When writing, keep in mind that polices should specify the when, the where and the how, so be sure to ask the following:

  • What’s the reporting requirement? Example: Are cancelled with no patient contact calls for service documented?
  • What’s the supervision requirement? Example: Does a supervisor need to be present for all patient refusals?
  • What’s the training requirement? Example: Will sexual harassment training be covered biannually at a training day or in an online setting?

Communication & Dissemination

Dissemination should take place in the same manner for every policy (e.g, email, fax, cloud-based software, paper copies on a bulletin board, etc.). Employees should be expected to check this area on a routine basis for new or revised policies. 

Agencies should set a time frame where all employees are expected to read, review and sign acknowledging the policy. 

The employee doesn’t have to agree on the content of the policy but they do need to acknowledge its existence. Any clarifications should be done through a supervisor. 

If clarification is needed on a policy, documented remediation starts with the employees’ direct supervisor. Documentation is important to show that the employer properly trained the employee. 

If additional remediation is required, the employee should then meet with a member of administration to discuss the uncertainties. Again, this meeting should be documented fully with all points of discussion. 

There are times that members of administration should meet with all employees to discuss the development or promulgation of a new policy. In this case, questions and clarification can be provided to the whole team, rather than one-on-one.

Making Changes

Keep your audience in mind. Although you may understand what the policy says, are you getting the same questions repeatedly from different employees? If so, there may need to be a revision to that policy with more clarifying statements or updated language. Any revision should be properly documented and all previous editions should be retained permanently.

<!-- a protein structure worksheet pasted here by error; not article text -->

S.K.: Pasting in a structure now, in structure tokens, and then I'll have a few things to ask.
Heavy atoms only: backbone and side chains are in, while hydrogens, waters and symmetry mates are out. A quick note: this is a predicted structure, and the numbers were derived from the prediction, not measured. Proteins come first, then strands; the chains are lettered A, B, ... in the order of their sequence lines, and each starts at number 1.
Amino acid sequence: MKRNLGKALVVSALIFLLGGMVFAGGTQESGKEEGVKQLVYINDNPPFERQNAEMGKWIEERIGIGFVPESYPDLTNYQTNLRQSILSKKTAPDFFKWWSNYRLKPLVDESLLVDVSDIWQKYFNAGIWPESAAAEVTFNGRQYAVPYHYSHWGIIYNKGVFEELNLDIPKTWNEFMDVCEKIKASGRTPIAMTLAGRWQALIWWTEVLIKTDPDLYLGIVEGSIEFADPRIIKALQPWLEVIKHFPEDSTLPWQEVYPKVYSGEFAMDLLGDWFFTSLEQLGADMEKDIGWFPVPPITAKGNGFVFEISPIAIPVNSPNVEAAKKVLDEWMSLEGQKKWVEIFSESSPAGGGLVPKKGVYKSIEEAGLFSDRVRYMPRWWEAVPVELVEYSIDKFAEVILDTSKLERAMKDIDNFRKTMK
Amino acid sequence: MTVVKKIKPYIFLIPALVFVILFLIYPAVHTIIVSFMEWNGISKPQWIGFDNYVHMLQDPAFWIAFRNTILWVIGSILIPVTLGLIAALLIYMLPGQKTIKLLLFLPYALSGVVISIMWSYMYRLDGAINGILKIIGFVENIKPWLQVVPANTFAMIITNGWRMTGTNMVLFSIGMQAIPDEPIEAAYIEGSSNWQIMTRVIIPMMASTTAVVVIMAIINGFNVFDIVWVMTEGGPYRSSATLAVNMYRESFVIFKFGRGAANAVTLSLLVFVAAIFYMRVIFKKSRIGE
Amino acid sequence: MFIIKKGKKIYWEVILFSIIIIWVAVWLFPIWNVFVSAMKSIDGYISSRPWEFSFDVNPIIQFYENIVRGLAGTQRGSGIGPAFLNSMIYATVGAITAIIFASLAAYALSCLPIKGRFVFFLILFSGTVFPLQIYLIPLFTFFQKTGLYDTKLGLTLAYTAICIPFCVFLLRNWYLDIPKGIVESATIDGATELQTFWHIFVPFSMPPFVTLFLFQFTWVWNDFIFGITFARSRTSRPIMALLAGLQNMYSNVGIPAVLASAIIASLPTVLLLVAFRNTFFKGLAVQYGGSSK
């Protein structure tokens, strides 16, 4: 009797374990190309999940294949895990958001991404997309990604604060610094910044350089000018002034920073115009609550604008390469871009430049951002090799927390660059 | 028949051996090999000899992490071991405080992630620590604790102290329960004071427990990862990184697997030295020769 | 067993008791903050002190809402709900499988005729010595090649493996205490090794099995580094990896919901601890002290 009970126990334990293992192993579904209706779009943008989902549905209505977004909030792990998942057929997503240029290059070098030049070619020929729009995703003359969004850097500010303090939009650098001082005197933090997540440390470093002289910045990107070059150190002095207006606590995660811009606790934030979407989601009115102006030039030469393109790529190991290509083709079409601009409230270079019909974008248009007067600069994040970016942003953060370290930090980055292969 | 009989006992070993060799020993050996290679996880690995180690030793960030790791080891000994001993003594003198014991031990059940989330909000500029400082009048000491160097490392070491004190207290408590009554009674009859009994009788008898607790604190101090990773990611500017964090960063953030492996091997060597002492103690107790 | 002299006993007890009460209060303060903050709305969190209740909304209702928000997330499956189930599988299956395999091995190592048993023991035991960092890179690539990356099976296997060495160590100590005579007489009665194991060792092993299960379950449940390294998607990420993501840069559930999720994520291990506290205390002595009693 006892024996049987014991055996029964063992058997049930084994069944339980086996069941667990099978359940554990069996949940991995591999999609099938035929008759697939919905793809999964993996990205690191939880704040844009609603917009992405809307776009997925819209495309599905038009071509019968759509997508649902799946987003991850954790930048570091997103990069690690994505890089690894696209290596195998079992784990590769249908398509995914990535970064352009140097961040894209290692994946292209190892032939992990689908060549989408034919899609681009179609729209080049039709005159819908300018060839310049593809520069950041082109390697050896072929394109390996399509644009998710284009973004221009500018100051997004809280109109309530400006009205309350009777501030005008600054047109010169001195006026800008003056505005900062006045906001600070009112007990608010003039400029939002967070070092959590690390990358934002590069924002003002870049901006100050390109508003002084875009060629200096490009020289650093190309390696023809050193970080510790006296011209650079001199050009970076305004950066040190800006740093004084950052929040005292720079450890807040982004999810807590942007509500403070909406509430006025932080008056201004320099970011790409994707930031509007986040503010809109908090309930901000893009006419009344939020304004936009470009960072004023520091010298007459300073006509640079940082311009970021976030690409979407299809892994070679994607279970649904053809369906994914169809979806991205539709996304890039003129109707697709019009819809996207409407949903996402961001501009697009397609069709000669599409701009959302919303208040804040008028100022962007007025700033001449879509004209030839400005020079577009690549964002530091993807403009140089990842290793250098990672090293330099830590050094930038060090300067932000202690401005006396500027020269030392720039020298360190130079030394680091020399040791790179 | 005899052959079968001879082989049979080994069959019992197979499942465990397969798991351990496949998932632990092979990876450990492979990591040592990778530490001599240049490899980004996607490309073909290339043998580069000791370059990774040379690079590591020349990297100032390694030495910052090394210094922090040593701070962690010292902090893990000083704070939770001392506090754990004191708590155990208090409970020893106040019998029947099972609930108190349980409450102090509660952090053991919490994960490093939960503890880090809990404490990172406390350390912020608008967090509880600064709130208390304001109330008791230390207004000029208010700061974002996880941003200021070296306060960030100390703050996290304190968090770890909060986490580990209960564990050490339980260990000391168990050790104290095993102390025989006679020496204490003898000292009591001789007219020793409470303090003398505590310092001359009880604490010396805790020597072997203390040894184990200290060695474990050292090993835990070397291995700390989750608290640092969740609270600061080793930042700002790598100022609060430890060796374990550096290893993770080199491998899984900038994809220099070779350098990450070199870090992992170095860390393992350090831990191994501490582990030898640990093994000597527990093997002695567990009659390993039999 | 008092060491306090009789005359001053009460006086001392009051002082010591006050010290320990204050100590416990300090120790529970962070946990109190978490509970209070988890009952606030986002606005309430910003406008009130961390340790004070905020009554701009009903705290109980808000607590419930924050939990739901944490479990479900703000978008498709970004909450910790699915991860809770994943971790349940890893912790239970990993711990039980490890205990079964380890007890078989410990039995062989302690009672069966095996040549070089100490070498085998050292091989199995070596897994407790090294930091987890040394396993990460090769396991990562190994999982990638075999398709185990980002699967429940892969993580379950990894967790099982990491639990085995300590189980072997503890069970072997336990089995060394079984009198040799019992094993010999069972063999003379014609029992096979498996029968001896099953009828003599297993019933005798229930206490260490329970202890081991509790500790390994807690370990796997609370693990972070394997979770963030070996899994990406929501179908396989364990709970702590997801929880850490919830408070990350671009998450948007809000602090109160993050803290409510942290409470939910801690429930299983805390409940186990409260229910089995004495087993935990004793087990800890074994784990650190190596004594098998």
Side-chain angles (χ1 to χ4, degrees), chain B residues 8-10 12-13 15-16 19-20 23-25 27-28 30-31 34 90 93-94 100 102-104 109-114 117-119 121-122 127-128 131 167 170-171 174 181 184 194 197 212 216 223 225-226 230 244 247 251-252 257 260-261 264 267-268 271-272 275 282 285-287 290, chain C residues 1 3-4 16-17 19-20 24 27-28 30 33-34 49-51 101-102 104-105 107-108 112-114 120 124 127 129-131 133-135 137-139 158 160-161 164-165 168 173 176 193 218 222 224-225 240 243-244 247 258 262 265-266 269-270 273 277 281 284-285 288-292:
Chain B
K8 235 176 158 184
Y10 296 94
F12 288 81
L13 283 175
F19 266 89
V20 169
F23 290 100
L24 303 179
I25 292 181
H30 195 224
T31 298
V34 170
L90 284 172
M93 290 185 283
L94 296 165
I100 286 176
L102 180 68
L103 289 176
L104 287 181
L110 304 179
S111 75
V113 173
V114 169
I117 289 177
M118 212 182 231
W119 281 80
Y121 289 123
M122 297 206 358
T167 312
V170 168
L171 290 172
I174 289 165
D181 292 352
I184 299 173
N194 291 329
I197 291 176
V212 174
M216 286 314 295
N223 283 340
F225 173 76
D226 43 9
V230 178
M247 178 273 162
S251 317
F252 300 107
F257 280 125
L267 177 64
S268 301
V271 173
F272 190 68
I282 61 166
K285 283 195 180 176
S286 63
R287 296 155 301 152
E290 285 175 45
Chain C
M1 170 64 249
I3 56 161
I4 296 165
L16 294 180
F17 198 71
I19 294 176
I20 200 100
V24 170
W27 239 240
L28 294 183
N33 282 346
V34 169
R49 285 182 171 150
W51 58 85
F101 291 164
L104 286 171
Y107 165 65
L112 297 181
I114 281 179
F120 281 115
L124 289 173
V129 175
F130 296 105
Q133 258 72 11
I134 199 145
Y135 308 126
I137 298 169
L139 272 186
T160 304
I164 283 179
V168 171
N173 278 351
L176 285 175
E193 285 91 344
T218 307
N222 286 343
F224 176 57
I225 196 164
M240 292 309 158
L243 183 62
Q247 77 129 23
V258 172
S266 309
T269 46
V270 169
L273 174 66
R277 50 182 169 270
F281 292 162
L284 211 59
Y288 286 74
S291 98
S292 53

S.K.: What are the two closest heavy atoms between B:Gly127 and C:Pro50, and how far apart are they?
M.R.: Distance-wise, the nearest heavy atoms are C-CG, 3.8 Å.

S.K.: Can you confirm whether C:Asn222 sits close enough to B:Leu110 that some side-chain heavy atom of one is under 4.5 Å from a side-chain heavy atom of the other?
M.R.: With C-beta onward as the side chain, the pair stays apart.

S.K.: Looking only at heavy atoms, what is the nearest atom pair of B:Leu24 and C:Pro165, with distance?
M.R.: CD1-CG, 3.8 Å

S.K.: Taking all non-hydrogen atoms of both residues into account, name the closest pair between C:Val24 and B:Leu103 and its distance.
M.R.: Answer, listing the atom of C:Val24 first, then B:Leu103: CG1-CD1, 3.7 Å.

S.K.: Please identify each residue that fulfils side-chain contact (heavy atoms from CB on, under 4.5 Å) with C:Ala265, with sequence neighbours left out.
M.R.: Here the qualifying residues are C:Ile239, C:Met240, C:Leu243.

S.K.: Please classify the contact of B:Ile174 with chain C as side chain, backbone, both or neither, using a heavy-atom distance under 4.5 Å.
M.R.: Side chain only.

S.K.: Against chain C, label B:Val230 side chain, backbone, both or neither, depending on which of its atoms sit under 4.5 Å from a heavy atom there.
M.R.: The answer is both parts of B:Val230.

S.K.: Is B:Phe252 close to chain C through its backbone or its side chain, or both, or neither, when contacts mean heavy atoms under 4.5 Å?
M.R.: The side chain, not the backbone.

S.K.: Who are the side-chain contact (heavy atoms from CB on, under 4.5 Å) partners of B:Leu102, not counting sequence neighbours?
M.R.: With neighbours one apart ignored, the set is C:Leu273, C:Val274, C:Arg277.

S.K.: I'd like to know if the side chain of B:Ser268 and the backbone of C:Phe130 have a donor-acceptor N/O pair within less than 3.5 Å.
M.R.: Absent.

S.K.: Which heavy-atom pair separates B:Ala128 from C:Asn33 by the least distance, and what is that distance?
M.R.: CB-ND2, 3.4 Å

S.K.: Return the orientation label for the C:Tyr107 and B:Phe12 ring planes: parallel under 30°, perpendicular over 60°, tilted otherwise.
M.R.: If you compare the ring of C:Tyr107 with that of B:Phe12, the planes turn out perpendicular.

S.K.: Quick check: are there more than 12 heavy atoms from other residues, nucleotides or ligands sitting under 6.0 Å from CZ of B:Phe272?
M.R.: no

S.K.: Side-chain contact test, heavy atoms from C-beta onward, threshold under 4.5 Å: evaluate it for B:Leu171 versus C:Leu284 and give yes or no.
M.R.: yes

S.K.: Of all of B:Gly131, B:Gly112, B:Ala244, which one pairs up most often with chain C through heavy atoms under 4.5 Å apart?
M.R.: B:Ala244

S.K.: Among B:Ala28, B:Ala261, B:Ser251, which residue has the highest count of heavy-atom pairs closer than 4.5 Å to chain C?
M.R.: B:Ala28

If discovery is requested from a legal entity, a policy is requested from an incident that took place 5 years ago, and you revised that policy twice since then, how can you prove what the policy was at the time? 

Don’t rely on the other party to provide this information; be prepared and retain all previous editions of your policies. To keep from falling behind in best practices, set a date to review policies and make revisions as necessary.

Conclusion

Our original scenario outlined an employee wanting to use a sick day, but an unwritten agency practice doesn’t allow days off while the employee is on probation. 

The policy has been enforced in the company for as long as any current employee can recall, and there’s been discipline in the past for violation. 

If brought to court, there are numerous issues regarding the disposition of the case such as: Where are employees trained on this policy, are new employees told about this policy, when did the policy become “rule,” and what defines a probationary period?

Affirmations and defenses for this scenario are plentiful, but very difficult to prove on the plaintiff’s part. Although there’s no solid rule about what a policy should contain, you should follow the above guidance and framework to limit the exposure of lawsuits you and your agency may encounter. 

References

1. 42 U.S.C. §1983

2. Oklahoma City v. Tuttle, 471 U.S. 808, 105 S.Ct. 2427 (1985).

3. City of Canton, Ohio v. Harris (489 U.S. 378 1989).

4. Callahan M. Deliberate indifference: The standard for municipal and supervisory liability. FBI Law Enforcement Bulletin. 1990;59(10):27–32.

5. Brown v. Commonwealth of Pennsylvania Department of Health Emergency Medical Services Training Institute, 318 F.3d 473 (3d Cir. 2003).

6. Monell v. Dept of Soc. Svcs., 436 U.S. 658, 701 (1978).